2015 AMC 8 Problems/Problem 20

Revision as of 16:33, 28 October 2020 by Sweetmango77 (talk | contribs) (Solution 3)

Ralph went to the store and bought 12 pairs of socks for a total of $24. Some of the socks he bought cost $1 a pair, some of the socks he bought cost $3 a pair, and some of the socks he bought cost $4 a pair. If he bought at least one pair of each type, how many pairs of $1 socks did Ralph buy?

$\textbf{(A) } 4 \qquad \textbf{(B) } 5 \qquad \textbf{(C) } 6 \qquad \textbf{(D) } 7 \qquad \textbf{(E) } 8$

Solution 1

So let there be $x$ pairs of $$1$ socks, $y$ pairs of $$3$ socks, $z$ pairs of $$4$ socks.

We have $x+y+z=12$, $x+3y+4z=24$, and $x,y,z \ge 1$.

Now we subtract to find $2y+3z=12$, and $y,z \ge 1$. It follows that $y$ is a multiple of $3$ and $2y$ is a multiple of $6$, so since $0<2y<12$, we must have $2y=6$.

Therefore, $y=3$, and it follows that $z=2$. Now $x=12-y-z=12-3-2=\boxed{\textbf{(D)}~7}$, as desired.

Solution 2

Since the total cost of the socks was $$24$ and Ralph bought $12$ pairs, the average cost of each pair of socks is $\frac{$24}{12} = $2$.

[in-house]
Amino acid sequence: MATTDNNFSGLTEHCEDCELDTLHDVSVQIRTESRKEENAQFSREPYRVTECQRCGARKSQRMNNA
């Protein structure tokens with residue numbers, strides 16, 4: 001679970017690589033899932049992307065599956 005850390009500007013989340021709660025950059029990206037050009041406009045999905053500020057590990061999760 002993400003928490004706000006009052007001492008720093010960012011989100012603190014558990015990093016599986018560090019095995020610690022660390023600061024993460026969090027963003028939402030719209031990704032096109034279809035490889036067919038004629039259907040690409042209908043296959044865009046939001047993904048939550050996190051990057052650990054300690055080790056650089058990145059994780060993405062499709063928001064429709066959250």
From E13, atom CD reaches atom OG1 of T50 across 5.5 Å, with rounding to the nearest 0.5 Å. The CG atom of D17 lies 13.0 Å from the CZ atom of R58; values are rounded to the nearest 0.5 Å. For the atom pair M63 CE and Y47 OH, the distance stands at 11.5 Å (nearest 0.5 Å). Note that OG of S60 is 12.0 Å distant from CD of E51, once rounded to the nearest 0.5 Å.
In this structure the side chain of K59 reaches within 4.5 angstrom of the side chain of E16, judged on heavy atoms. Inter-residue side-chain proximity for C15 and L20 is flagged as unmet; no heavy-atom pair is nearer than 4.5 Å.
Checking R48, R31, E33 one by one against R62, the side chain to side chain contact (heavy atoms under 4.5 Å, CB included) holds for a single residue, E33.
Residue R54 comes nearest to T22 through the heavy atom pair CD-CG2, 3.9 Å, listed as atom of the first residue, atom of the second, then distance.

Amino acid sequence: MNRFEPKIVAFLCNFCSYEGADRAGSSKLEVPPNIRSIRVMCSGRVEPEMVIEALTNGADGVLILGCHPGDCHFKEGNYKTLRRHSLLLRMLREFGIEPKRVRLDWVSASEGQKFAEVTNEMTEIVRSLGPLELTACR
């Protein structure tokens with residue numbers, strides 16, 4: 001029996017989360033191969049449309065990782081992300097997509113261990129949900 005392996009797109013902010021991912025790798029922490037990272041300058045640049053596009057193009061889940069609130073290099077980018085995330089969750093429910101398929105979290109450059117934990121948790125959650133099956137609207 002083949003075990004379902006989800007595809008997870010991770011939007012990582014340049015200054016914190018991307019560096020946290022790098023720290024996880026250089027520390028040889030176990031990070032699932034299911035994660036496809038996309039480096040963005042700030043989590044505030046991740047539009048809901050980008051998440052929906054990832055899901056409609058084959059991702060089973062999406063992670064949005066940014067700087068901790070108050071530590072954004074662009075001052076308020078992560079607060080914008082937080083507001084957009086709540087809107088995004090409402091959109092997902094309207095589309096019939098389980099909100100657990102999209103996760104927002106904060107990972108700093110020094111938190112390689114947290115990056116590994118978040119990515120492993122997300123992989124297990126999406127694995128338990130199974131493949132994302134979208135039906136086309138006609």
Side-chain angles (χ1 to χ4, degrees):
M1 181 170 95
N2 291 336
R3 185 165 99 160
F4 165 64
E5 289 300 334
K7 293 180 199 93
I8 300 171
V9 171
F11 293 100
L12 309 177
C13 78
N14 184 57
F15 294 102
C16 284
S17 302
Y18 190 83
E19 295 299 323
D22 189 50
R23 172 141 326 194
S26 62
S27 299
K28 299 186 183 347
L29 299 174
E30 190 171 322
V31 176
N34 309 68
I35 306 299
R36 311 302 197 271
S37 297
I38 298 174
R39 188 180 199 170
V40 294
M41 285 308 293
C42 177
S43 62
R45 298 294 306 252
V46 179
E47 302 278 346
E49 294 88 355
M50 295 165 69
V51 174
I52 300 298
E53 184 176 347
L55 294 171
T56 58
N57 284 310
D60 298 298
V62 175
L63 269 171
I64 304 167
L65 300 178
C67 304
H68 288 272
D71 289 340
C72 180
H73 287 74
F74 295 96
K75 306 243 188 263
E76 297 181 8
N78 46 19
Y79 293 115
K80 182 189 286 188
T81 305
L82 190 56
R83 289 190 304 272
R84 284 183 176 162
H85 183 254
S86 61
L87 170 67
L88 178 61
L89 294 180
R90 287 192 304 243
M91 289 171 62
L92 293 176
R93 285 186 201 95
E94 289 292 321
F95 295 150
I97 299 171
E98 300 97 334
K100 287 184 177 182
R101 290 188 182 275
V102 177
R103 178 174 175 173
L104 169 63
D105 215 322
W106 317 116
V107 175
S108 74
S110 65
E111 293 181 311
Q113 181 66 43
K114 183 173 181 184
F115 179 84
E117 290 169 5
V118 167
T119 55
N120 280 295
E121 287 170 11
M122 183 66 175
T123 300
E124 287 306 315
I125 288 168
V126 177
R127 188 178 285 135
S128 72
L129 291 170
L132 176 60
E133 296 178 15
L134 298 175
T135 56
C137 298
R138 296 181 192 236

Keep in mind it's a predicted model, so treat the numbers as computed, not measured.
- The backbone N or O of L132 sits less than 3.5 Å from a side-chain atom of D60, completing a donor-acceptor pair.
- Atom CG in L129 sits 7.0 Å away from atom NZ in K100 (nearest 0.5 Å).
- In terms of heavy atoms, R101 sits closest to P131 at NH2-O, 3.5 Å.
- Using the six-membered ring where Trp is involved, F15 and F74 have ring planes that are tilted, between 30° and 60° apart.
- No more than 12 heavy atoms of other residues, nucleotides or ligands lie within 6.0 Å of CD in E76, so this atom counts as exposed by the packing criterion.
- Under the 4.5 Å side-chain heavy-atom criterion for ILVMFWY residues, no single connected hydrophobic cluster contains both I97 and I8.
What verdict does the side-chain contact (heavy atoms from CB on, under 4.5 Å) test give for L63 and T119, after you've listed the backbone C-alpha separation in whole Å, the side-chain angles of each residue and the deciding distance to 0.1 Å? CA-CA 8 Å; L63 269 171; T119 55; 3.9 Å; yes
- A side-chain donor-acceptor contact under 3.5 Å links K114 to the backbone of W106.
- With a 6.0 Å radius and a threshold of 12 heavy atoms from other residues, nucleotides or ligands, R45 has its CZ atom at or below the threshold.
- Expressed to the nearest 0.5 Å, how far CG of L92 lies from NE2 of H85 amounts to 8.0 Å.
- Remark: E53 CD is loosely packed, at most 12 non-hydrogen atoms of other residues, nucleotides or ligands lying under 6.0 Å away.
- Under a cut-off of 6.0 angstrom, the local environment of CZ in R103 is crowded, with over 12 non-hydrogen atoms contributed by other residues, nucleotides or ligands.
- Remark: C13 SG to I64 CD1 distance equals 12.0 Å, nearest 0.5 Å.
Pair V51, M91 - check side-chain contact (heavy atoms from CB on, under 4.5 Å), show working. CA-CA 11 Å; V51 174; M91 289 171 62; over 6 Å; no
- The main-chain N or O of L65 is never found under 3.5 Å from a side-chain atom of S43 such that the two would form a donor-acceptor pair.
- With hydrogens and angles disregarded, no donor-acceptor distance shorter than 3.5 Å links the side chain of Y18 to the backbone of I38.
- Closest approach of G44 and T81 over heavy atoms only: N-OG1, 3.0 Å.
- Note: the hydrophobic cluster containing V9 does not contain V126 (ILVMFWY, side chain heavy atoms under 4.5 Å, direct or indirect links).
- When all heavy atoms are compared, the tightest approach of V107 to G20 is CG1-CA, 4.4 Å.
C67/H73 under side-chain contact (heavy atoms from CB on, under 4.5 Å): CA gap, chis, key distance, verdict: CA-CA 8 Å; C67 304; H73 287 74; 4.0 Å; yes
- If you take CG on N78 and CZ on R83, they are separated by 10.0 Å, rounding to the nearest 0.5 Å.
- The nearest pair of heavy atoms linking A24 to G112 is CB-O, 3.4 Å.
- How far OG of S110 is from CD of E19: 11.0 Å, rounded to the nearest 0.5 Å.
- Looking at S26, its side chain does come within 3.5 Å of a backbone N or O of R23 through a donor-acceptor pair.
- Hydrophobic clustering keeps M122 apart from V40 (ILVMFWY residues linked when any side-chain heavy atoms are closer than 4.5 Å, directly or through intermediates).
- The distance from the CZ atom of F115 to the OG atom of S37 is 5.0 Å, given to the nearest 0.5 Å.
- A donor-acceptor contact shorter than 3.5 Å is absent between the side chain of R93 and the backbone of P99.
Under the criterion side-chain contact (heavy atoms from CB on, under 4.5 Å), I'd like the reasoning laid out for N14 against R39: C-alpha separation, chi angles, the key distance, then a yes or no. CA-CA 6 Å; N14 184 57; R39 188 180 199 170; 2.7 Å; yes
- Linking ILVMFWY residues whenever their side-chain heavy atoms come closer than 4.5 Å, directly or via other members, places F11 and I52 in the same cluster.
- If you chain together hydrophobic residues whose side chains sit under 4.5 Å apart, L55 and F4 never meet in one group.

There are two ways to make packages of socks that average to $$2$. You can have:

$\bullet$ Two $$1$ pairs and one $$4$ pair (package adds up to $$6$)

$\bullet$ One $$1$ pair and one $$3$ pair (package adds up to $$4$)

So now we need to solve \[6a+4b=24,\] where $a$ is the number of $$6$ packages and $b$ is the number of $$4$ packages. We see our only solution (that has at least one of each pair of sock) is $a=2, b=3$, which yields the answer of $2\times2+3\times1 = \boxed{\textbf{(D)}~7}$.

Solution 3 -SweetMango77

Since there are 12 pairs socks, and Ralph bought at least one pair of each, there are $12-3=9$ pairs of socks left. Also, the sum of the three pairs of socks is $1+3+4=8$. This means that there are $24-8=16$dollars left. If there are only $1$ dollar socks left, then we would have $9\cdot1=9$ dollars wasted, which leaves $7$ more dollars. If we replace one pair with a $3$ dollar pair, then we would waste an additional $2$ dollars. If we replace one pair with a $4$ dollar pair, then we would waste an additional $3$ dollars. The only way $7$ can be represented as a sum of $2$s and $3$s is $2+2+3$. If we change $3$ pairs, we would have $6$ pairs left. Adding the one pair from previously, we have $\boxed{(\text{D})~7}$ pairs.

See Also

2015 AMC 8 (ProblemsAnswer KeyResources)
Preceded by
Problem 19
Followed by
Problem 21
1 2 3 4 5 6 7 8 9 10 11 12 13 14 15 16 17 18 19 20 21 22 23 24 25
All AJHSME/AMC 8 Problems and Solutions

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